Doug Bend was recently interviewed by, Nikole Mackenzie, a CPA and the owner of the owner of Momentum Accounting, on whether a California professional corporation should elect to be taxed as an S-corporation.
Nikole: It’s a pleasure having you! I’ve been following your articles on your blog, so I’m excited to finally have a chance to speak with you one-on-one.
Doug: Absolutely. It’s nice to be here, Nikole.
N: So, today I was hoping we could go over your thoughts on what professional service providers should do about incorporating their new ventures. What does someone need to know if they’ve just started out on their own?
D: Well, first of all, in California, certain professions that require a state license are prohibited from forming a limited liability company or a traditional corporation. Most of the companies affected by this are in the financial, legal and medical fields.
N: What would you recommend then for companies in those industries?
D: In most cases, I would tell them to incorporate as a professional corporation and elect to be taxed as an S-Corporation.
N: What are the advantages to being taxed as an S-Corp?
D: If you do not elect to have your California professional corporation taxed as an S corporation, the default is for it to be taxed as a C-Corporation.
N: And what exactly does that mean?
D: Well, as a C-Corporation, your professional corporation would pay federal taxes on its profits and you would also pay individual taxes if you receive salary, bonuses, or dividends from the corporation.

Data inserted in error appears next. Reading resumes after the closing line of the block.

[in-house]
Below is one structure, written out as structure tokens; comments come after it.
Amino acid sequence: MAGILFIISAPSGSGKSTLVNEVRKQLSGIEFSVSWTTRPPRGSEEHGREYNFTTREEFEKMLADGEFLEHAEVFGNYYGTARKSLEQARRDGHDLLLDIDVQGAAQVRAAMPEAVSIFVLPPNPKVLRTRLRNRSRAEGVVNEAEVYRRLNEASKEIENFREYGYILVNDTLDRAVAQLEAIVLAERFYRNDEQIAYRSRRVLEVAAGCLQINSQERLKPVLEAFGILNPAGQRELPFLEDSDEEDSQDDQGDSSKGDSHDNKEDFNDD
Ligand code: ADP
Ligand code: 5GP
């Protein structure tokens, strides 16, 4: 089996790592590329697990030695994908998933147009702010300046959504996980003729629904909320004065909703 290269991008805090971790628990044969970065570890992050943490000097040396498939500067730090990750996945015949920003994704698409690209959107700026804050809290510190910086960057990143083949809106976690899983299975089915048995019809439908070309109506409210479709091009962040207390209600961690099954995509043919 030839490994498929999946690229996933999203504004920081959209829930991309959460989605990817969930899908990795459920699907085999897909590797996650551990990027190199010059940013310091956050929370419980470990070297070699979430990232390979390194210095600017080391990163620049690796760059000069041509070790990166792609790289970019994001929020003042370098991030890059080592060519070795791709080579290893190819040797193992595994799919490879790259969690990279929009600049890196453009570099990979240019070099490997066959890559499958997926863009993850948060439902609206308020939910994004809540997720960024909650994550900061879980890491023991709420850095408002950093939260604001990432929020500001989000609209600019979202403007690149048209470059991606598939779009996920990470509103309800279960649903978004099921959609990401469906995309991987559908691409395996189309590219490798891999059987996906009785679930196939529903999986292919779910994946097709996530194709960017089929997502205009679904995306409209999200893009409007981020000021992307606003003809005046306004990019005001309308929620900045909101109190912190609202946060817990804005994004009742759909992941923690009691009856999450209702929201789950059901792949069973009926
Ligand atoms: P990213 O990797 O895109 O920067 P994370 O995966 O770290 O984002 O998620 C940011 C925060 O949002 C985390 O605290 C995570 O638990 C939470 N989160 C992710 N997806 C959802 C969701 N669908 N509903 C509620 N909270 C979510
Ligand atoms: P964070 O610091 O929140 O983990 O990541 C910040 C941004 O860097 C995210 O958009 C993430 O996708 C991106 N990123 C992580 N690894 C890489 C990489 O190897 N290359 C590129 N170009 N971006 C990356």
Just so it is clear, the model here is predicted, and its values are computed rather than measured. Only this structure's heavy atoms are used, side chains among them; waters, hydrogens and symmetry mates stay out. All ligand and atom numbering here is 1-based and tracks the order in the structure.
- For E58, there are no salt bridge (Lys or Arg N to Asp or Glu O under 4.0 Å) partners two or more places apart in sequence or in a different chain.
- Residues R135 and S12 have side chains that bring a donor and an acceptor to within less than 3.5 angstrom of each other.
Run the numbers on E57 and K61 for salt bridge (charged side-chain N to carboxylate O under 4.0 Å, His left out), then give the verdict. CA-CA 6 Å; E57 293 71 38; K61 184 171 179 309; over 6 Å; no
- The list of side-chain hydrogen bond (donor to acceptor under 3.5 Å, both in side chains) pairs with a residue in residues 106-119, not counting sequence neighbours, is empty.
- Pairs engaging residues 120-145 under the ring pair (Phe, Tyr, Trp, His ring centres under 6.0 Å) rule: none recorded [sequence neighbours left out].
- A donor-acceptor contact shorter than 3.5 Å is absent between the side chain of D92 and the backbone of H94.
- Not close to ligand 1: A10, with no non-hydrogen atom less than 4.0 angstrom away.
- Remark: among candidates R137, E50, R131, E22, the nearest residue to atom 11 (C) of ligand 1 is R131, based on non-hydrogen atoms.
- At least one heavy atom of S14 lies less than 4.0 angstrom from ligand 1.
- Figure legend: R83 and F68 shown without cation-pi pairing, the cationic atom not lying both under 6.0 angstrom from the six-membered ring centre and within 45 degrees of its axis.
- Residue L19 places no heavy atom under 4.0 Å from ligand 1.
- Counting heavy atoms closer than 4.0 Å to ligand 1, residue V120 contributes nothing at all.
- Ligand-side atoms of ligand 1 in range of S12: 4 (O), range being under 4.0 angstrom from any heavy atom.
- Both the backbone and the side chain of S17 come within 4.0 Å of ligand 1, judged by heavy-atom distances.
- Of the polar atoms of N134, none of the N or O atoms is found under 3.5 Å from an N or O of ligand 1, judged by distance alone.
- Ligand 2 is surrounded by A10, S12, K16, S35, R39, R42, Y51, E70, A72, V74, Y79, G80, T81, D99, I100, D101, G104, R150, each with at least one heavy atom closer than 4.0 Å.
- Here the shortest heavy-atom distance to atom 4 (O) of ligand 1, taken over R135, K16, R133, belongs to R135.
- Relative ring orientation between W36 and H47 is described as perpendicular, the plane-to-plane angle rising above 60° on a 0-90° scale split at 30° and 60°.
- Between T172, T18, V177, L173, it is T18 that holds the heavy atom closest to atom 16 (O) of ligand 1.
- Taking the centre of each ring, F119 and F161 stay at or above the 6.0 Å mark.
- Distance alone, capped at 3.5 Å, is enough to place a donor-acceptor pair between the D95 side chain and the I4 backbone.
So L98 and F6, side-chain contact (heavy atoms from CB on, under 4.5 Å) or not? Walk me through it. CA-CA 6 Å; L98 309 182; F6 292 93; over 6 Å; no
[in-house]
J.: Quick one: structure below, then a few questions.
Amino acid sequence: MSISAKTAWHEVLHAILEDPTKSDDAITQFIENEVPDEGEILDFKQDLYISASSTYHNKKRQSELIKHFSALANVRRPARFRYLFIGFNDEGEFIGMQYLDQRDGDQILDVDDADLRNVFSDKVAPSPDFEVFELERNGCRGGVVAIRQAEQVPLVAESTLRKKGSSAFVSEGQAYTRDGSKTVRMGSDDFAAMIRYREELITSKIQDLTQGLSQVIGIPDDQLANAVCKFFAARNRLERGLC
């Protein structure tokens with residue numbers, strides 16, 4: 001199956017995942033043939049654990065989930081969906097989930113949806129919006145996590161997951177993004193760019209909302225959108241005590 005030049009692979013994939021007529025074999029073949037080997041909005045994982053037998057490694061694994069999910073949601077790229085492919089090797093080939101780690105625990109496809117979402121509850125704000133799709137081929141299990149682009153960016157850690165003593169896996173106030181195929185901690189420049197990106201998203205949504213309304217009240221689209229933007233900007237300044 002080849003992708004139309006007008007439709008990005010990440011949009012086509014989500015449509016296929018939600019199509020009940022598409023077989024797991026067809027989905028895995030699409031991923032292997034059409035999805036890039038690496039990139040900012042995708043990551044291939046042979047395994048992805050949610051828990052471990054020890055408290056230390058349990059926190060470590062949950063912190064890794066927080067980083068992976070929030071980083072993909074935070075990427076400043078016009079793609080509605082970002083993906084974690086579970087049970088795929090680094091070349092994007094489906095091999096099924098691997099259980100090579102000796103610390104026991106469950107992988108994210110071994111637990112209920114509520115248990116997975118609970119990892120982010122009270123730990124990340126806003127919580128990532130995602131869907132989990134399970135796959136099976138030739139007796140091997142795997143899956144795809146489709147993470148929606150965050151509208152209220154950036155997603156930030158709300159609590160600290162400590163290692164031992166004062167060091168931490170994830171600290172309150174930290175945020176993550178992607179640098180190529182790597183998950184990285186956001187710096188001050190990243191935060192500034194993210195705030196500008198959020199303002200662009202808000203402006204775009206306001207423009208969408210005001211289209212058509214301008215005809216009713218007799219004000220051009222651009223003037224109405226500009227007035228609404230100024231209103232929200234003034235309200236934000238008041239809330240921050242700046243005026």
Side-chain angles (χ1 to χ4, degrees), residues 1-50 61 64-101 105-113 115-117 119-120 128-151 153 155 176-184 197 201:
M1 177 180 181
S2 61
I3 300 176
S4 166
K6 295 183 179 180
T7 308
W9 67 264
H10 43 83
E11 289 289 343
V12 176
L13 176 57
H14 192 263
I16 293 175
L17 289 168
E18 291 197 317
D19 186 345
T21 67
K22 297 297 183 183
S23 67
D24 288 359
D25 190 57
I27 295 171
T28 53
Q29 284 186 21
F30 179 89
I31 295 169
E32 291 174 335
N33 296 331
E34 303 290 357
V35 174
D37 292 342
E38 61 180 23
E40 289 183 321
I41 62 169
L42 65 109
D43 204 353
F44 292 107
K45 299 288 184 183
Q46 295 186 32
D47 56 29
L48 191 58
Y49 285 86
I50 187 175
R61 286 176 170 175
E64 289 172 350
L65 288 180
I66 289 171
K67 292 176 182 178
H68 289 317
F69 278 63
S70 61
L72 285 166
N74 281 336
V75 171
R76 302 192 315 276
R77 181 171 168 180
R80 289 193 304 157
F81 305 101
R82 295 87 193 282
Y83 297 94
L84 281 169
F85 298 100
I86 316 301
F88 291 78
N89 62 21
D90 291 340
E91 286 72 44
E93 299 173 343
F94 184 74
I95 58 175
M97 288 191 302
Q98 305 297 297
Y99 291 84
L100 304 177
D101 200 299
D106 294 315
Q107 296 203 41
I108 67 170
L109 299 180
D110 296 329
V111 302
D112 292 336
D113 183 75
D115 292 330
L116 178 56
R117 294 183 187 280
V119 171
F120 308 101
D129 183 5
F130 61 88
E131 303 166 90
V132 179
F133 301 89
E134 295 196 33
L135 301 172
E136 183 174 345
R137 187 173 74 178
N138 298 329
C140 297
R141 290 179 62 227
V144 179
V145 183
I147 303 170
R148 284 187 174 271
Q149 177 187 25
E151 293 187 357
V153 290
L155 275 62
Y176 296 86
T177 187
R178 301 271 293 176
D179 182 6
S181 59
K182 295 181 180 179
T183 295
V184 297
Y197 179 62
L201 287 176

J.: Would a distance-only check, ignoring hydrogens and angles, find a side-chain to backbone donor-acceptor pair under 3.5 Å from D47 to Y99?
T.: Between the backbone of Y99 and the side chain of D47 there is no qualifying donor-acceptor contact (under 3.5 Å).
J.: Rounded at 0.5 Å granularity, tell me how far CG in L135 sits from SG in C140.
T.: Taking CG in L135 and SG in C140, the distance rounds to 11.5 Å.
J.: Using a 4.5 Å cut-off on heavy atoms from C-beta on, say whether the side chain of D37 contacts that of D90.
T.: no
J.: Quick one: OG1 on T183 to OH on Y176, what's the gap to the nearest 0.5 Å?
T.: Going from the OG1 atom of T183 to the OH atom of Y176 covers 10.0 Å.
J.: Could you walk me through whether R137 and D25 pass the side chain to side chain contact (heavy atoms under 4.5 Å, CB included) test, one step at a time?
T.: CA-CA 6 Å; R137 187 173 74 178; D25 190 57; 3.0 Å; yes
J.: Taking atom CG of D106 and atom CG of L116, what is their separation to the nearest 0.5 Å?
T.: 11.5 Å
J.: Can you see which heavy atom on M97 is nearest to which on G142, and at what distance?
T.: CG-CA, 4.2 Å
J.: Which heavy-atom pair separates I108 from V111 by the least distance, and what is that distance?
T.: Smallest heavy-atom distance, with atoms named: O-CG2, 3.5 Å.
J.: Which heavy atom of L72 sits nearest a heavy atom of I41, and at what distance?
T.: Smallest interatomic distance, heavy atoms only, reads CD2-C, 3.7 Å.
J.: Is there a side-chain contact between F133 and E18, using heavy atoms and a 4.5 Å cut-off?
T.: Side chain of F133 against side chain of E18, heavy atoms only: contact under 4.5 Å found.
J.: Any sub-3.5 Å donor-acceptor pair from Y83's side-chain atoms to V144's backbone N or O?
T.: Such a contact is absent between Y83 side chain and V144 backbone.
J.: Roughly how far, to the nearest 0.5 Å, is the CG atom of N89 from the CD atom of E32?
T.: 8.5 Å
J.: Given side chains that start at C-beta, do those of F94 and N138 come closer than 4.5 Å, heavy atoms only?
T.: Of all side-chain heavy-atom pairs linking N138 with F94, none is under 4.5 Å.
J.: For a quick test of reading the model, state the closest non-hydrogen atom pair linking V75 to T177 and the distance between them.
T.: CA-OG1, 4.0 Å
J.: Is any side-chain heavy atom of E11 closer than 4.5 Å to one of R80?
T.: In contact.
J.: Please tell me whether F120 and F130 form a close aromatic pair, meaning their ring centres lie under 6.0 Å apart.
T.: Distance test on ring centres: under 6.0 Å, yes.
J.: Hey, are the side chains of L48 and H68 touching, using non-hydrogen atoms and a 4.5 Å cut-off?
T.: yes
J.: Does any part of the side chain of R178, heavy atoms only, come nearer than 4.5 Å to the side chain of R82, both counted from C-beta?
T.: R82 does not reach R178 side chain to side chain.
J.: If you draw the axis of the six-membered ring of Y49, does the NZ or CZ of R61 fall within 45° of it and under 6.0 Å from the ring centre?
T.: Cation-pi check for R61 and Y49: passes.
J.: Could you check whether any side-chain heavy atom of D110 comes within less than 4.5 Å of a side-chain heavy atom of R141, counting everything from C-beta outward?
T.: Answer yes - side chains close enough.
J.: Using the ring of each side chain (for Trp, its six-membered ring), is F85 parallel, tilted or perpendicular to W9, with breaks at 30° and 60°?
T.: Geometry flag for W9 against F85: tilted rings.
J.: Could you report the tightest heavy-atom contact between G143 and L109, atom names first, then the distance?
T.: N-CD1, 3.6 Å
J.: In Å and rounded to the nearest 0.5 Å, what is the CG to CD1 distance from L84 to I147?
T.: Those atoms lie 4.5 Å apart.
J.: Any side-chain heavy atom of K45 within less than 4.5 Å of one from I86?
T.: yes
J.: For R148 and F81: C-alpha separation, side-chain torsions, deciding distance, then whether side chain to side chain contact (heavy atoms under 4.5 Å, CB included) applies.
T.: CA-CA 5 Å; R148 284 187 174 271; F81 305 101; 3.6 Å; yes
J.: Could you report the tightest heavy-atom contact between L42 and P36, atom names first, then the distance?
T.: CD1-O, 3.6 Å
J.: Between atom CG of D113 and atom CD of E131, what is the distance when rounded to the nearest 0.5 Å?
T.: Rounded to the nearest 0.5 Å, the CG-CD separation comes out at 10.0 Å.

N: How would being an S-Corp differ?
D: By electing to be taxed as an S-Corporation, your professional corporation would instead be a pass-through tax entity, like an LLC or a partnership. Electing to be taxed as an S-Corporation may also allow you to pass losses from the business to your personal income tax return, where you can use the losses to offset income that you may have from other sources.
N: Ok. And can you talk about how the owner might take out a “reasonable salary?”
D: If the corporation pays you a “reasonable salary,” you may not be required to pay self-employment taxes on any additional corporate profits that are paid to you as dividends as a shareholder in addition to your reasonable salary.
N: That does sounds very advantageous—especially for those just starting out.
D: It is. It’s a great way to help small business owners who are sole proprietors get some financial breathing room.
N: Now, what would the disadvantages be?
D: The main drawback of electing to have your professional corporation taxed as an S-Corporation rather than a C-Corporation is that, in a C-Corporation, the cost of the premiums for shareholder benefits, such as insurance coverage, are deductible as a business expense. In addition, the shareholders may not be taxed on the value of the benefits.
N: Are there any restrictions on who can be a shareholder of an S-Corp?
D: Yes. The Internal Revenue Code limits the number of S corporation shareholders to 100 or less. Also, S corporation shareholders can only be individuals, estates and certain types of tax-exempt entities and trusts, and the individuals must also be U.S. citizens or permanent residents.
N: And what about stock?
D: S-Corporations may only issue one class of stock, whereas C-Corporations can have different classes of stock that have different rights and liquidation priorities.
N: What would you recommend to someone who is just starting their professional corporation?
D: I would tell them to consult with their CPA or tax professional to make sure being taxed as an S-Corporation is the best fit for them. That being said, for most California professional corporations, electing to being taxed as an S-Corporation rather than a C-Corporation is likely to provide the most tax savings.
N: Thank you so much, Doug! I think that just about answers everything we were hoping to cover.
Doug Bend is the founder of Bend Law Group, PC, a law firm focused on advising small businesses and startups. To find out more, please contact Doug at Doug@BendLawOffice.com.